From an Excel spreadsheet that I put together a few months ago, I realize that over the course of the past seven months, I have brought home exactly 50 typewriters! Some have since been sold, given away, or passed on to the Salvation Army (irreparably damaged), but that number is much too high in any case. Accordingly, I have shown more restraint in the past three months, with a resulting TPM (typewriters per month) of 3. Which goes to prove that I was a little bit mad in the beginning, if you ask me. Besides, I find my curiosity satisfied merely by taking a look round the flea markets and thrift stores every month at what is available - I no longer feel compelled to go to the trouble of carrying home a new typewriter unless it has a special typeface, or it is rare and ultra-portable.
In 2011, Retro Tech Geneva will continue in much the same manner as today: a couple of typecasts a month (with additional pictures), at least one typewriter featured every month (until I run out), and a run-down of machines "spotted" for sale in the wild. I am also planning to put up some of the ephemera from the various typewriters, which I have not done so far because they tend to be in French and/or German. However, the images are universal so there is at least that. I shall also put together an illustrated guide to the typefaces I have, from elite and pica through to techno, script, and display/ bulletin. As a reader of the blog, please chime in and let me know if this sounds good as well as what you would like to see more of.
To conclude, here is the December round-up of typewriters spotted for sale in Geneva:
A boxy metal Hermes 3000 in the thrift store. I was so certain this would be a script typeface because of the +1 key, but it turned out to be a false alarm. All was not lost - I then proceeded to nick the two brand-new spare ribbons that had been tucked into the machine and purchase them for $1 - the cashier barely knew what she was looking at.
Olivetti Studio 44 at the flea market. Judging from the tangled mass of ribbon, I suppose some kids had gotten to it... or it could also have been a few clueless adults.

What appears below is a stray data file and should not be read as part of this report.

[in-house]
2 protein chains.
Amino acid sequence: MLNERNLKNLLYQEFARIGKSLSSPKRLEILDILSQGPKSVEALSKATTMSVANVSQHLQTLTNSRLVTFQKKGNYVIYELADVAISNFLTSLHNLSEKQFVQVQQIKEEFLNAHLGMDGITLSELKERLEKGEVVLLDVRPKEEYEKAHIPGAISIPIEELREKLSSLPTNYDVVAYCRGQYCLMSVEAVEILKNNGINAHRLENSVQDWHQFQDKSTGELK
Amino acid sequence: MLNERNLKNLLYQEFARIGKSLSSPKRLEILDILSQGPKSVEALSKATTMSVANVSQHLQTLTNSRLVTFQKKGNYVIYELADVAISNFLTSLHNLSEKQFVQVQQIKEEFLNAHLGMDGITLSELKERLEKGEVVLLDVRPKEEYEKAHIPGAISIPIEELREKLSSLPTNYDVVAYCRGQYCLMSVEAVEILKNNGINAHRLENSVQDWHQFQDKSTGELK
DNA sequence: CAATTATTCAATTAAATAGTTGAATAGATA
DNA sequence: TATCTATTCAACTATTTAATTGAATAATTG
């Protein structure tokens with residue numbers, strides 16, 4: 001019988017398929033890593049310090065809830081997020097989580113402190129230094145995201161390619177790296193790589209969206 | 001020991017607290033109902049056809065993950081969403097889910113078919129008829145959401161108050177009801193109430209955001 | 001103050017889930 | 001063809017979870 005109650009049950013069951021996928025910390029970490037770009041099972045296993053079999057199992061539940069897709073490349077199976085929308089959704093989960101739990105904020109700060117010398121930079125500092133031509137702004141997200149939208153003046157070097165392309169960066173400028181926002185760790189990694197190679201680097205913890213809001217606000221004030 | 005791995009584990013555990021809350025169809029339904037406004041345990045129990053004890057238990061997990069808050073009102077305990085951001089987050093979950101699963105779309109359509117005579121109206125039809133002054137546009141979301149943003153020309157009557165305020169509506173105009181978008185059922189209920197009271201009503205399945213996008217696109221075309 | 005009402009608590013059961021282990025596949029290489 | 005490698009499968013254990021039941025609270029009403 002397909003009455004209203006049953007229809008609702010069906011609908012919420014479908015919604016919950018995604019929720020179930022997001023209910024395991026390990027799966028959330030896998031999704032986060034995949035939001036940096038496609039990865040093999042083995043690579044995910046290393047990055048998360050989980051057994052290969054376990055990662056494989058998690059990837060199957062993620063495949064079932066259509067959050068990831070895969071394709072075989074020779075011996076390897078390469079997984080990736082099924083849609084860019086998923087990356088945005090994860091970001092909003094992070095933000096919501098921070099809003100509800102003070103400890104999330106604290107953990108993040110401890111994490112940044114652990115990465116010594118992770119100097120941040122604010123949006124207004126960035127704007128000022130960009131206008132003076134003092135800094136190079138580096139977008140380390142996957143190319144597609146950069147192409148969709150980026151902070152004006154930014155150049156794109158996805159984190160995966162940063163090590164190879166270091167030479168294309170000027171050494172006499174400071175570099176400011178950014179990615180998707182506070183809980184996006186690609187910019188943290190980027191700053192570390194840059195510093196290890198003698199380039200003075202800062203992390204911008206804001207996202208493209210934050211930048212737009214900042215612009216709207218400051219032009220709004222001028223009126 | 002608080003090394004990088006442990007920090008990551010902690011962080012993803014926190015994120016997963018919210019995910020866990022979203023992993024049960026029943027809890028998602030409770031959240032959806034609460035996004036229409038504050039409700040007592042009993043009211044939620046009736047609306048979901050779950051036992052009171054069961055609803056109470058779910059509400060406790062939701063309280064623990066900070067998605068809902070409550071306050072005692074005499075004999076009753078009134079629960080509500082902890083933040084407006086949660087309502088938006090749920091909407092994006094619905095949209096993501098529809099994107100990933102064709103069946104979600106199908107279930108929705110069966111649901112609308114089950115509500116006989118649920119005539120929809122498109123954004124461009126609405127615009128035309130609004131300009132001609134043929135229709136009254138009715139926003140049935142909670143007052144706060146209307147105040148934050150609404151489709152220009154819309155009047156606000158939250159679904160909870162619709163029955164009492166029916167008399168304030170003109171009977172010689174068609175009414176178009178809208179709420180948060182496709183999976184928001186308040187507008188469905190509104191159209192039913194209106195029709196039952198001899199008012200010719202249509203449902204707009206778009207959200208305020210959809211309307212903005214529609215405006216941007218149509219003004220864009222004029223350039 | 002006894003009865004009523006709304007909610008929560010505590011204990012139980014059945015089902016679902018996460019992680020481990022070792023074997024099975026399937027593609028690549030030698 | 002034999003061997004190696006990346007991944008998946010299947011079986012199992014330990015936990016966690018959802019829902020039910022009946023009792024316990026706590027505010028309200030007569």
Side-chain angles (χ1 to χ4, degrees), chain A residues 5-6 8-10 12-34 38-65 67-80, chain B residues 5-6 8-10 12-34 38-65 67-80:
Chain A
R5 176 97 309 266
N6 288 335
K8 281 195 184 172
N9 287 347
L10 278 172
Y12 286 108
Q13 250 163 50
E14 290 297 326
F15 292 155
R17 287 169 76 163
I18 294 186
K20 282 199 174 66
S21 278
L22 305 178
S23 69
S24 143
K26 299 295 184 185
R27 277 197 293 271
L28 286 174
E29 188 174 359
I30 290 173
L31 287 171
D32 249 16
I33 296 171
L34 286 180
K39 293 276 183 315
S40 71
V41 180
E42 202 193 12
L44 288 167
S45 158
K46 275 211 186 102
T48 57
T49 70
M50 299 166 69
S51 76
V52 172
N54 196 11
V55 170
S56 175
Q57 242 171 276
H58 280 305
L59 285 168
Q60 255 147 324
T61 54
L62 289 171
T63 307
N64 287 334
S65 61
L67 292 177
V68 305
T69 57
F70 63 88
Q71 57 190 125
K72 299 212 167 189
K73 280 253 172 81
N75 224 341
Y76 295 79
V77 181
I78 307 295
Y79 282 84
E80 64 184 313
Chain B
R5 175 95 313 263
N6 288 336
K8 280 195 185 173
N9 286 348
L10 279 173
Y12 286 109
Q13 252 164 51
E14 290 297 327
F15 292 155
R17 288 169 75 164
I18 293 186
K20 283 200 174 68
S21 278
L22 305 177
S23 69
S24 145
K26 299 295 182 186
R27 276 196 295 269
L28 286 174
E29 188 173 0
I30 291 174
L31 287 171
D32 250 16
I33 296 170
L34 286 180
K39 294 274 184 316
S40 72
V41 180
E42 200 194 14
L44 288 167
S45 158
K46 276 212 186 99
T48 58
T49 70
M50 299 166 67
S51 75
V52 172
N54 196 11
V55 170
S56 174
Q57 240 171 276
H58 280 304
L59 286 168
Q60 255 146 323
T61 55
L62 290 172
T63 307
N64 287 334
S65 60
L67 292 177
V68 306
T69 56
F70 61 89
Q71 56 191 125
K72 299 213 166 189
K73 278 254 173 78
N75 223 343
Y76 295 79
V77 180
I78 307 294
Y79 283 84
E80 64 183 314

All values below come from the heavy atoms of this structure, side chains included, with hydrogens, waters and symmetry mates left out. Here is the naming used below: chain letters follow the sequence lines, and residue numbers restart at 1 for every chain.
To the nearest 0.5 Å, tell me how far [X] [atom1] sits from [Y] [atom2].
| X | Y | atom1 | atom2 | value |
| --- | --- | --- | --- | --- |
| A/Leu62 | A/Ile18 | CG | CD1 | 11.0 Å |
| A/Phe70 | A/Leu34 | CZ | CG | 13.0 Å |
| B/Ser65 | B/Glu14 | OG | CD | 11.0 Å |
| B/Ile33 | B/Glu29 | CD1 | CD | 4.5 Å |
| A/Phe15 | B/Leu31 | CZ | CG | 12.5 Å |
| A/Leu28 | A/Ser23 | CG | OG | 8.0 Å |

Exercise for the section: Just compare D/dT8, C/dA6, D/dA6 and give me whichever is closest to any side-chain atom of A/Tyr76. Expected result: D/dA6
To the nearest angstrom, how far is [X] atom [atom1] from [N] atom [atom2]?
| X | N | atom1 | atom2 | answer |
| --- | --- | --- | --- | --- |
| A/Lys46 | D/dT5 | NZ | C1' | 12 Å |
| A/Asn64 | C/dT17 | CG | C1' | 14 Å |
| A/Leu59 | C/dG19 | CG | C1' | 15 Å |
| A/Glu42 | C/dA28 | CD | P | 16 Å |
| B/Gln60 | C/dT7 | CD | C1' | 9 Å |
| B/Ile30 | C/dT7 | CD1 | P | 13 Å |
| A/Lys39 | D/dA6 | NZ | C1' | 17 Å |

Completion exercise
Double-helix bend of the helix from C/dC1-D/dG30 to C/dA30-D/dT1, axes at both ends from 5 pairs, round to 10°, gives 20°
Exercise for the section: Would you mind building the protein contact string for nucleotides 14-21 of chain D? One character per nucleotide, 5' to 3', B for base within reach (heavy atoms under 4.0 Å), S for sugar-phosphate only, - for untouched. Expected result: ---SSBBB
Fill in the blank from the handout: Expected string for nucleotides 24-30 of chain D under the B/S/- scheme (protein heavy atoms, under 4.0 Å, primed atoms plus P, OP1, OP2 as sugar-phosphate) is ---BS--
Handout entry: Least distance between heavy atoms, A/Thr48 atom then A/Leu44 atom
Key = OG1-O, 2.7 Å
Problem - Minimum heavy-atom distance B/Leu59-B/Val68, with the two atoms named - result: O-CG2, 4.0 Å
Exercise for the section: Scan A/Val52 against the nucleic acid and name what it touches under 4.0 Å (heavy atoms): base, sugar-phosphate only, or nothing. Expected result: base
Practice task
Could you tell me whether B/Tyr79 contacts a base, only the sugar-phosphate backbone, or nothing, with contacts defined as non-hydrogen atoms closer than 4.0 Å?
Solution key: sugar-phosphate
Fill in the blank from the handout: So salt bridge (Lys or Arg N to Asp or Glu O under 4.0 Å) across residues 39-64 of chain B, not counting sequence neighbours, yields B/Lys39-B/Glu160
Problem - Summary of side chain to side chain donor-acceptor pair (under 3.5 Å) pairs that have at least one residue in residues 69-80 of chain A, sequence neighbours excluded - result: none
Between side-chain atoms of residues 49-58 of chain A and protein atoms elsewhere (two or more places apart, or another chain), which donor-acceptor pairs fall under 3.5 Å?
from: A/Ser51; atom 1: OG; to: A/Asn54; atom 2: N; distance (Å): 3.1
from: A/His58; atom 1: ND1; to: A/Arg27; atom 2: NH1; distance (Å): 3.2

Brother Deluxe 220 at the thrift store: this one had two nice surprises, a solid all-metal body and a techno typeface.
Swissa Piccola at the flea market - this was a cute little machine and the seller, who offered it for $30, was very proud of it (he had not seen one before and found it quite unusual). It was in great condition with a clean case that also contained the original manual and warranty.
Boxy plastic '70s Hermes 3000 with wide carriage - it is probably hard to tell in the picture, but the numbers on the paper scale went from 60 to 0 and then to 60 again, so this was probably intended for writing double pages.
Standard size Japy, probably from the '20s thereabouts - note the AZERTY keyboard.
Smith Premier from the same period
And finally, an Hermes Standard 6 perched on the wooden edge of a flower bed.
Best wishes to all for a restful break and a very Happy New Year!
As always, you share wonderful and beautiful pictures. I think I have gotten to a similar point, as I enjoy just looking at typewriters, online and in thrift stores and don't have much desire to purchase unless there is something truly unique.ReplyDelete
I think your plans for 2011 with this blog sound magnificent!
Adwoa, Wow! a blog with a published plan! I want to thank you for these posts and let you know that yours is a blog that I check most frequently. I wish you could post your perceptive and comfortably-written comments every day. Your typewriter photos are the best, artistically and technically; I was glad to learn that at least part of your secret is the light on the balcony. In fact, perhaps you could give a tutorial on picturing typewriters. Although I do not speak French nor German, I would like to see the paper you have. I work in book design so it is nice to see other ideas.ReplyDelete
My own interest in typewriters also dates to July, when I found a yard-sale SM8 for $3 and then acquired 12 more in the next seven weeks, including three standard models, all at sales in rural western Maine, US. Your site had a place in firing my enthusiasm.
I also gain from "Illuminated".
So, yeah, keep it up!
== Michael Höhne
Do please keep up your enjoyable blog next year. I like your proposals. I also enjoy your photos of typewriters spotted "in the wild." Best holiday wishes!ReplyDelete
I echo everyone else's comments. Keep up the good work.ReplyDelete